Once you get out of town, the car enjoys some nice and precise steering characteristics. It handles bumpier back roads and minor roads extremely well and we were very impressed on how well the ALLGRIP system worked providing plenty of traction when required on wet slippery roundabouts. That said, the ride can become rather jittery if you hit a really badly surfaced road and potholes are best avoided.
Move onto faster country roads or motorways and you’ll find the Swift needs a little more from your right foot. The manual transmission on the Swift is extremely slick moving both up and down the ‘box with ease. The SHVS system helps when accelerating giving you that extra low-down grunt just when needed, and once up to speed, the car will hold its own without too much cabin noise.
All-in-all the Swift has made some positive impressions during first weeks of being on the fleet. It’s an exceptional drive especially cars fitted with the ALLGRIP system which we hope to put through its paces later on in future updates.
Swift tops the table in the moors
Assemble eight Parkers long term test cars and drivers. Add a heap of rain, horizontal winds, fog and rubbishy weather then just for fun send them to the North Yorkshire moors for a little spice. Well our editorial road-trip to Whitby had this and more.
Our trip routed from Peterborough to North Yorks via the Humber Bridge and after two days of swopping cars, getting soaked, evaluating and feeding back to each other, the 2017 Suzuki Swift grabbed the top-honours on our demanding 500 mile plus two-day circuit.
Last year we put the Suzuki Ignis Parkers long-termer through its paces and it never failed to surprise over the 6 months we tested it.
Again Suzuki has come up trumps with the new generation Swift. Over the rugged Moorland 'B' roads, the chassis excelled with great balance and well-controlled body movements. Steering was tight and precise and all the controls nicely weighted.
One part of the route was the famous B1257 from Stokesley to Helmsley – a fabulous twisty country road popular with bikers and empty for the first couple of runs at least. This gave some of our crew the opportunity to see what the Swift could really achieve.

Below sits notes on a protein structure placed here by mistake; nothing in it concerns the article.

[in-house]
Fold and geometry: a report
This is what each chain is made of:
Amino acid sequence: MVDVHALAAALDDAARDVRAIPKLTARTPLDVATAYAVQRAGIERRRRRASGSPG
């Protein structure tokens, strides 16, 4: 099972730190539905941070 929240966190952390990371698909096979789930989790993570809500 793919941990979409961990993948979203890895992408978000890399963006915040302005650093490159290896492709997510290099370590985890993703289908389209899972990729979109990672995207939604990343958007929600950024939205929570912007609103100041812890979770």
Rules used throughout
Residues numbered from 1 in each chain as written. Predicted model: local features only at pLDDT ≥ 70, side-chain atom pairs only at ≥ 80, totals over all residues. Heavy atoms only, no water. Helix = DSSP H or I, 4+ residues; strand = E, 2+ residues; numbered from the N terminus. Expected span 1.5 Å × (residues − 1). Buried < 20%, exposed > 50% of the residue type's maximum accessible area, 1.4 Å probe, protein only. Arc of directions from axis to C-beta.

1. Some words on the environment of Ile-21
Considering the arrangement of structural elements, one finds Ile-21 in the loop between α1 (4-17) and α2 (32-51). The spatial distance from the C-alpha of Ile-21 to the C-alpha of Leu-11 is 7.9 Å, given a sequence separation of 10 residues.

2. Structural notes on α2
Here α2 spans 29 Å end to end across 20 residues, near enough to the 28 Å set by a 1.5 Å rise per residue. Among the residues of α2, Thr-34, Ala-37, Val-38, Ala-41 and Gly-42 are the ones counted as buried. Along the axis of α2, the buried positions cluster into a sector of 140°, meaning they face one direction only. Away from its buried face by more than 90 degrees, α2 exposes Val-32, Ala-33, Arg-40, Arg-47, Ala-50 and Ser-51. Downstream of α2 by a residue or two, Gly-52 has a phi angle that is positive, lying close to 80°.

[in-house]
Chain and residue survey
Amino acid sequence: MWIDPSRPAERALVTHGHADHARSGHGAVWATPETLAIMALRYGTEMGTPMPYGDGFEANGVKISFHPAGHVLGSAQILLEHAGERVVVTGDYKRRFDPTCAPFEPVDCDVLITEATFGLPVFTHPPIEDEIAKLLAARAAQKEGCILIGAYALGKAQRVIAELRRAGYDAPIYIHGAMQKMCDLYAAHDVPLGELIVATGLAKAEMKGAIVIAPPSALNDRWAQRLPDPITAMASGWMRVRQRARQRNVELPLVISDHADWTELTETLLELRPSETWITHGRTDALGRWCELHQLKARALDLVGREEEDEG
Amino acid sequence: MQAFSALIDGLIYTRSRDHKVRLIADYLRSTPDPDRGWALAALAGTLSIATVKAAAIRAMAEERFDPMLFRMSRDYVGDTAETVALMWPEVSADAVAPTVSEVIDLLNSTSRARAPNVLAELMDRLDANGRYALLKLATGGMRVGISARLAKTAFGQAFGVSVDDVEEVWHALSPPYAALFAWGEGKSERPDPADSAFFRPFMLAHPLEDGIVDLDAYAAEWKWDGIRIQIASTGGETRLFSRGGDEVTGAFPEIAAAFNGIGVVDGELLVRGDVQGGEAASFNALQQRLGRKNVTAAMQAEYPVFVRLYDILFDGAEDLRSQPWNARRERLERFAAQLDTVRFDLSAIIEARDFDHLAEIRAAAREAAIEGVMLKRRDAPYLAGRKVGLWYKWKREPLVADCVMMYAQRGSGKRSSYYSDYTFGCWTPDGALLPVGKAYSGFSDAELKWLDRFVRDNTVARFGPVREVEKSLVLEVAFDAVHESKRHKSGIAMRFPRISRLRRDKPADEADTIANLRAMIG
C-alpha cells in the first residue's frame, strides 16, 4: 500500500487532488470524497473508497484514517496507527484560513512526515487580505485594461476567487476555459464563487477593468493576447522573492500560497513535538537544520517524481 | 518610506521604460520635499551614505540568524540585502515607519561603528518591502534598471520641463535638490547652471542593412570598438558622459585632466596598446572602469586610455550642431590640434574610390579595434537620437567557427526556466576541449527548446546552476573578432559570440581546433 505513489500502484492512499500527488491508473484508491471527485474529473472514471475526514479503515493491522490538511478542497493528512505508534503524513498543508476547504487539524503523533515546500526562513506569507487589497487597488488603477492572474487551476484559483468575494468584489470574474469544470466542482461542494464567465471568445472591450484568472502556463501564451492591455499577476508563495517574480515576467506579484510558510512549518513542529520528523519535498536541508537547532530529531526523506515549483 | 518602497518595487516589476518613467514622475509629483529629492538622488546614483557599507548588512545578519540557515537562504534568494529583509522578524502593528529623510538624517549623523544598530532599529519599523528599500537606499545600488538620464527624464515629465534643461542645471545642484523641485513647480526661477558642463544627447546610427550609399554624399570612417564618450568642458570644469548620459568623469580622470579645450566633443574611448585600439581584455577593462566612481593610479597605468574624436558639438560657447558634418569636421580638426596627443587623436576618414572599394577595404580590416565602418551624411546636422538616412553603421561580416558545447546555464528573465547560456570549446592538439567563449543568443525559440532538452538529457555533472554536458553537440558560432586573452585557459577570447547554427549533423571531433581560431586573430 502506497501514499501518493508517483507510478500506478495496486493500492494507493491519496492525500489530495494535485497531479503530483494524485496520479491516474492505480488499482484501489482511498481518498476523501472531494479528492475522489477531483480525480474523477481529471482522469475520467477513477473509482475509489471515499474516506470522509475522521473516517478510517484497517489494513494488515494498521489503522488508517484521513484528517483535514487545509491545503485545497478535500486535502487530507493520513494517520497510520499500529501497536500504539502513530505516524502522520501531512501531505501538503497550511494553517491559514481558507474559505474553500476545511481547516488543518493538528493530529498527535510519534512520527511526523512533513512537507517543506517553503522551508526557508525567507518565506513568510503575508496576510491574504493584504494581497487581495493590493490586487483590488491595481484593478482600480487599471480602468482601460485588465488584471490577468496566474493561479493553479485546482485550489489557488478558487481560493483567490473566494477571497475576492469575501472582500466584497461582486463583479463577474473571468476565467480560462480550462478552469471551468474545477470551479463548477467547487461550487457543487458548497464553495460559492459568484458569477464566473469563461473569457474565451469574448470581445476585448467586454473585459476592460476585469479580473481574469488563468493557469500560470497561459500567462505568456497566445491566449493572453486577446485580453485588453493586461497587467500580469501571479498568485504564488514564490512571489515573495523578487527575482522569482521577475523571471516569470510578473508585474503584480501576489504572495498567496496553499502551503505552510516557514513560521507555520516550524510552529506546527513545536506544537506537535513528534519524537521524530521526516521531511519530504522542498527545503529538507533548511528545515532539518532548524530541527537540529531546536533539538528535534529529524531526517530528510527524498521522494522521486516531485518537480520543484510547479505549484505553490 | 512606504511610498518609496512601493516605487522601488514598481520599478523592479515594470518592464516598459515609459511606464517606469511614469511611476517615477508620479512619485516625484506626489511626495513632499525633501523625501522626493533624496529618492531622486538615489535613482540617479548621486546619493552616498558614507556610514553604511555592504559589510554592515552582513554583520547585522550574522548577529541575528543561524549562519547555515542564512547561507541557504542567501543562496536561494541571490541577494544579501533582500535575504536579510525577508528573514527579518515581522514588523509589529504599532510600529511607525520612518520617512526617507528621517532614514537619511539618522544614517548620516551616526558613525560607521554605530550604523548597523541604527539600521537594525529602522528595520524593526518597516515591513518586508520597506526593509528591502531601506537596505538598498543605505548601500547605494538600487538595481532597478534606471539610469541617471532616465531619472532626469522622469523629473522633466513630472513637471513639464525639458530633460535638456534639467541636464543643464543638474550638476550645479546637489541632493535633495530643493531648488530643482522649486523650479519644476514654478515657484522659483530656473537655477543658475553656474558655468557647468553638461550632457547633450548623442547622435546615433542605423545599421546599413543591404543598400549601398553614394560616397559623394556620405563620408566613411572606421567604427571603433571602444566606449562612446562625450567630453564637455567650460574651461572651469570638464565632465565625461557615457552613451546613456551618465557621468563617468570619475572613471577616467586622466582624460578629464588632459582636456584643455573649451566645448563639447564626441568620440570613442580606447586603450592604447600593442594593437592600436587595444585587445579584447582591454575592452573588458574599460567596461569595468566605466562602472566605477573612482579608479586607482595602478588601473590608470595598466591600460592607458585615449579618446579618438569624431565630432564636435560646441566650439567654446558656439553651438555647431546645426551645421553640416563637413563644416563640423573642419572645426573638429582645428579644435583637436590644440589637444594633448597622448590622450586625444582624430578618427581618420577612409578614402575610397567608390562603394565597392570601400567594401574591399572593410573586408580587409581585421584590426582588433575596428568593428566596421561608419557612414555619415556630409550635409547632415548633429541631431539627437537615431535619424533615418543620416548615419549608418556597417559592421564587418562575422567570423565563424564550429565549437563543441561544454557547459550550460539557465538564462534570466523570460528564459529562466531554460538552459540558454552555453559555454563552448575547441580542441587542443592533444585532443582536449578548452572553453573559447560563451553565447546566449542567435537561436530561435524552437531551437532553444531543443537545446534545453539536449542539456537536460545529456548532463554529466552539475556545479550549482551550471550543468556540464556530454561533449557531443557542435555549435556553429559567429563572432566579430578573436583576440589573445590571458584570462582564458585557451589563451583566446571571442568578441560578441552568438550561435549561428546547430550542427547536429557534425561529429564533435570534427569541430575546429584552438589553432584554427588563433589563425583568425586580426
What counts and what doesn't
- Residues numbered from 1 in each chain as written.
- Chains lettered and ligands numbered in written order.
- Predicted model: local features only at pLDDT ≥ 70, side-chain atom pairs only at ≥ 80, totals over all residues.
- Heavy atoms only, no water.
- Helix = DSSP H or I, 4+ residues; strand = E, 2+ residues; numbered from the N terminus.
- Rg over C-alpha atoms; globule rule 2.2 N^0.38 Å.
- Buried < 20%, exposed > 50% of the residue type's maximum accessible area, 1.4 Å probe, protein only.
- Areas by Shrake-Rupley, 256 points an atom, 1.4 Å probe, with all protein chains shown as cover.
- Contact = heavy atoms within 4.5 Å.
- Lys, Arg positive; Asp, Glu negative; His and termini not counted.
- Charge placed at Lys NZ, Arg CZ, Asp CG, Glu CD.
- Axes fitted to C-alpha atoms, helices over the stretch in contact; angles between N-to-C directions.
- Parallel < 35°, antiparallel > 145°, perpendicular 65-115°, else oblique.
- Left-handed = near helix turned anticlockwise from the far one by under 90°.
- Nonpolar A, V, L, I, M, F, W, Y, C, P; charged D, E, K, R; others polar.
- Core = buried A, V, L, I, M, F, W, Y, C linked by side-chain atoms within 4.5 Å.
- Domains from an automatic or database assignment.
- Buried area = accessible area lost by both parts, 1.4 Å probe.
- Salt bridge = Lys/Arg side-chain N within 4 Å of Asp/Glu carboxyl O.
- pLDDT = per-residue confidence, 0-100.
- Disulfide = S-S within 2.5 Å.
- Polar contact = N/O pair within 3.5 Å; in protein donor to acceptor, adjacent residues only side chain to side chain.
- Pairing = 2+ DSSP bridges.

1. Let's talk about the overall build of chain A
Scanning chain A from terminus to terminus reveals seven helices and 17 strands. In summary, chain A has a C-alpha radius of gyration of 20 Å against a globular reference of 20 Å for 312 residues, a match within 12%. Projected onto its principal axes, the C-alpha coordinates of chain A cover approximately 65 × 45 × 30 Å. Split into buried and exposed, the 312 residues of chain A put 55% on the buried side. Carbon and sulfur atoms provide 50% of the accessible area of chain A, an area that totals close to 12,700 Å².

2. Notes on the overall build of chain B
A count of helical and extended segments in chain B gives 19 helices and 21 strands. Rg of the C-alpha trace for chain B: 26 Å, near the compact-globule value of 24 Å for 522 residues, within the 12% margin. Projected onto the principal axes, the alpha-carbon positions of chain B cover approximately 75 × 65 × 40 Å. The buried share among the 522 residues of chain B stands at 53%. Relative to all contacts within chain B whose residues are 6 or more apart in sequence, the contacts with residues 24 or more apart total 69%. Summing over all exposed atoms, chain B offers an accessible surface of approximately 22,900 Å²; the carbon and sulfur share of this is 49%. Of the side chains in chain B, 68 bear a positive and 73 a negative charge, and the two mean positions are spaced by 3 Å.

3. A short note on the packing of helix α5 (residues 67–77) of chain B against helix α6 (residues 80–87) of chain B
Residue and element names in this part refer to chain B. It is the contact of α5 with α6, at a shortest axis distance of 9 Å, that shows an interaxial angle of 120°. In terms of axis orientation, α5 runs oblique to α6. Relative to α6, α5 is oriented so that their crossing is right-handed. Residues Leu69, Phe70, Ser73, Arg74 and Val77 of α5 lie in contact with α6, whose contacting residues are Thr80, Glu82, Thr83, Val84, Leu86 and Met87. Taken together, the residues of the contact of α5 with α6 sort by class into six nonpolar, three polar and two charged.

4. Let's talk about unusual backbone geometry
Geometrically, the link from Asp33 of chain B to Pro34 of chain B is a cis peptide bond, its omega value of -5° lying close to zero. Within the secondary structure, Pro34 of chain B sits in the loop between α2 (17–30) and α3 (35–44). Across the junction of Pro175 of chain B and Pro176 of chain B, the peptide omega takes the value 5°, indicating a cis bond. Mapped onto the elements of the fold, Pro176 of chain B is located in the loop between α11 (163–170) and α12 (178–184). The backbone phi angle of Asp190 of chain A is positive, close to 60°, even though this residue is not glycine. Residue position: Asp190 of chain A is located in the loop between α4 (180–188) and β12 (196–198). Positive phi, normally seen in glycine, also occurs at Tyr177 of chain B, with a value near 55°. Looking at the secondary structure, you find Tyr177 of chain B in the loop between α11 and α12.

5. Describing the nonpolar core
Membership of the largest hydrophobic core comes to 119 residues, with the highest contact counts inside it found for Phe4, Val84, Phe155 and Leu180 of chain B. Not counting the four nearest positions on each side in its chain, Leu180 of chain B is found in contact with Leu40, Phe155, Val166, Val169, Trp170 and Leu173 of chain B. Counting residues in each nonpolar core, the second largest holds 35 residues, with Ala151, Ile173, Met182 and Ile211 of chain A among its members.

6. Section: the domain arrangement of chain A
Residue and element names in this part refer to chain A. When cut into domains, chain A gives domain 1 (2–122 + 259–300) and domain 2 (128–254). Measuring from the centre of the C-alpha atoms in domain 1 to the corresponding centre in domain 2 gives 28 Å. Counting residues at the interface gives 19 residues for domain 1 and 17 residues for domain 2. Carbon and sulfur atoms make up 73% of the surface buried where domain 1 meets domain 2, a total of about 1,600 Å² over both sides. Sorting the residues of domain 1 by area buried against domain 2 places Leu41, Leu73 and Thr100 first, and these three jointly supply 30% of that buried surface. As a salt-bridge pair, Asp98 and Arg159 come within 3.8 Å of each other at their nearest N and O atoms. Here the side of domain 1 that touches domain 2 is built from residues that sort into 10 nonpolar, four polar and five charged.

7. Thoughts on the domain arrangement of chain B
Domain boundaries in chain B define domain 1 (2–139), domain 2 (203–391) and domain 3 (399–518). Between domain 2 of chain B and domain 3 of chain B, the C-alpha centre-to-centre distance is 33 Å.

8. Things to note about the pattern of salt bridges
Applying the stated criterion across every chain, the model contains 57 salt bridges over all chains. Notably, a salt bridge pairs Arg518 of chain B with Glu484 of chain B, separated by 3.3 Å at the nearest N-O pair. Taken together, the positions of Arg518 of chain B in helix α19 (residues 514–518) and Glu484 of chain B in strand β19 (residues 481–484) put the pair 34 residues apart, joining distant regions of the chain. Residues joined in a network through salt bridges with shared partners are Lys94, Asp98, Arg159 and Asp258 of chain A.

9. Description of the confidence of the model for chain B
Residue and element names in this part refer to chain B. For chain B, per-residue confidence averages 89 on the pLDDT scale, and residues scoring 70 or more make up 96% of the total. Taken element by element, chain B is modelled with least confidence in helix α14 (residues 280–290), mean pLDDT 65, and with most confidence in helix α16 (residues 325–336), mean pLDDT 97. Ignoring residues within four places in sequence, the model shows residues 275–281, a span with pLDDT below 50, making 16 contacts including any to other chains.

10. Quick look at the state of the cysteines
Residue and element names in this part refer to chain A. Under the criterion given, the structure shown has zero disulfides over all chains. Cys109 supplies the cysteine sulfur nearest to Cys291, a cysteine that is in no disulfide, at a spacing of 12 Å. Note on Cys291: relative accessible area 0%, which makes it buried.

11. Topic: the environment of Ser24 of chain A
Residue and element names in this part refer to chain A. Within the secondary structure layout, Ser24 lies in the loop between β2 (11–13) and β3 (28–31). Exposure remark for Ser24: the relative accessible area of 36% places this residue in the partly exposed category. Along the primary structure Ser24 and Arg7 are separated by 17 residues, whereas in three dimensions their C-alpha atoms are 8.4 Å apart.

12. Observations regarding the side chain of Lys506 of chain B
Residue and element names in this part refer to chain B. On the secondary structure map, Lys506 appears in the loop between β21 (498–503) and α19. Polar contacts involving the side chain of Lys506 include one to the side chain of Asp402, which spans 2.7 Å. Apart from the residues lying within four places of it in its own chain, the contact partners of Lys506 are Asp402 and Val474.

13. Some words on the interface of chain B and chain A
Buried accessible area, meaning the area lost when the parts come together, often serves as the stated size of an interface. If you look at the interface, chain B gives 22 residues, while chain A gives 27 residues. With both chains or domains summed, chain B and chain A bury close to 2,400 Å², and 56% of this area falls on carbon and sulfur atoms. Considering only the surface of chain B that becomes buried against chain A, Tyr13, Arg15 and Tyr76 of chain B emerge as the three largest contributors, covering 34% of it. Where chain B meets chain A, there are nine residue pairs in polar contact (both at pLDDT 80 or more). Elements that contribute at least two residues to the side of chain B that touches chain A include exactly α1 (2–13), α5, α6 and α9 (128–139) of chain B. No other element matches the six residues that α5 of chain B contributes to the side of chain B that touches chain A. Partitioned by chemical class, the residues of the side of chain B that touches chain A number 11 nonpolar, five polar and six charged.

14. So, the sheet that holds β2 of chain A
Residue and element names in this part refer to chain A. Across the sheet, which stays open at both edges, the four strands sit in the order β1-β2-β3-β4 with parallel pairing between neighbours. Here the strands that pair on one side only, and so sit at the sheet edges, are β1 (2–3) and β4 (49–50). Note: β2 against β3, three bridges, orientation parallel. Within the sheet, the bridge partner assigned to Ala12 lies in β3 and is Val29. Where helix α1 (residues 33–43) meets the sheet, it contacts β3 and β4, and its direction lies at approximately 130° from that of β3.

Expert Parkers deputy reviews editor Adam Binnie commented…
"There’s not a lot of power so you have to keep your foot down, and that meant picking an overtaking spot carefully when slower moving traffic. Overall though, it’s just a really cheerful car that will make even boring drives feel exciting."
In all, the Swift got the top accolade from the whole team proving to be a great popular choice.
Check out our full road-trip report here.
Useful boot space
One thing the Swift is not short of for a small car is space. After a post-Christmas spending spree at Aldi, we managed to cram ten shopping bags into the Swift’s boot and still had room for ‘Kevin-the-Carrot’.
Should you only have the odd bag, then a useful bag holder/clip will do a fine job preventing all the contents from being scattered across the boot area.
Inside, the Swift exhibits almost Tardis-like qualities, not that it would get you to Gallifrey, but it will comfortably seat four adults with ease. For a smaller car it's surprisingly roomy.
The driving position is good with ample seat movement and adjustability. I’m 6ft tall and found plenty more adjustment available if required. Likewise for smaller drivers and those from the ‘Shire’, the seat would slide a long way forward and upwards.
Driving for longer periods didn’t produce any major bodily grumblings even from my middle-aged out-of-shape physique.
Inside there is plenty of storage room with two cup holders just in front of the gear lever. There are also single cup holders in both the driver and passenger doors which are complemented with a small storage area behind each holder. The glove box in front of the passenger seat is large enough for things like phones, tablets and even gloves!
In the rear of the cabin, there is a single drinking receptacle holder at the rear of the center console. The good news is that both a can and small bottle of drink will fit with ease.
A minor niggle was the lack of light in the rear seating area of the cabin. Putting on the front courtesy lamp didn’t aid any of the passengers sitting in the rear as both front seats sit fairly high, preventing any light from finding its way rearwards.
On the commute, I frequently found myself hunting around in the dark for anything left on the rear seat which was normally my bag, laptop holder and the odd shopping bag. The darker winter evenings only showing a shadowy shape in the dark abyss. This was not the case however in the boot where a single light on the left-hand side at least gave you some guidance.
Interior build quality is good although it doesn’t feel exactly plush. Saying that I’m quite a realist and while it would be nice for the inside of a car to look and feel like the Ritz, this car in essence will most likely be used as an everyday workhorse.
Here functionality is the order of the day and tough, durable no-frills plastics are going to be the obvious and best choice.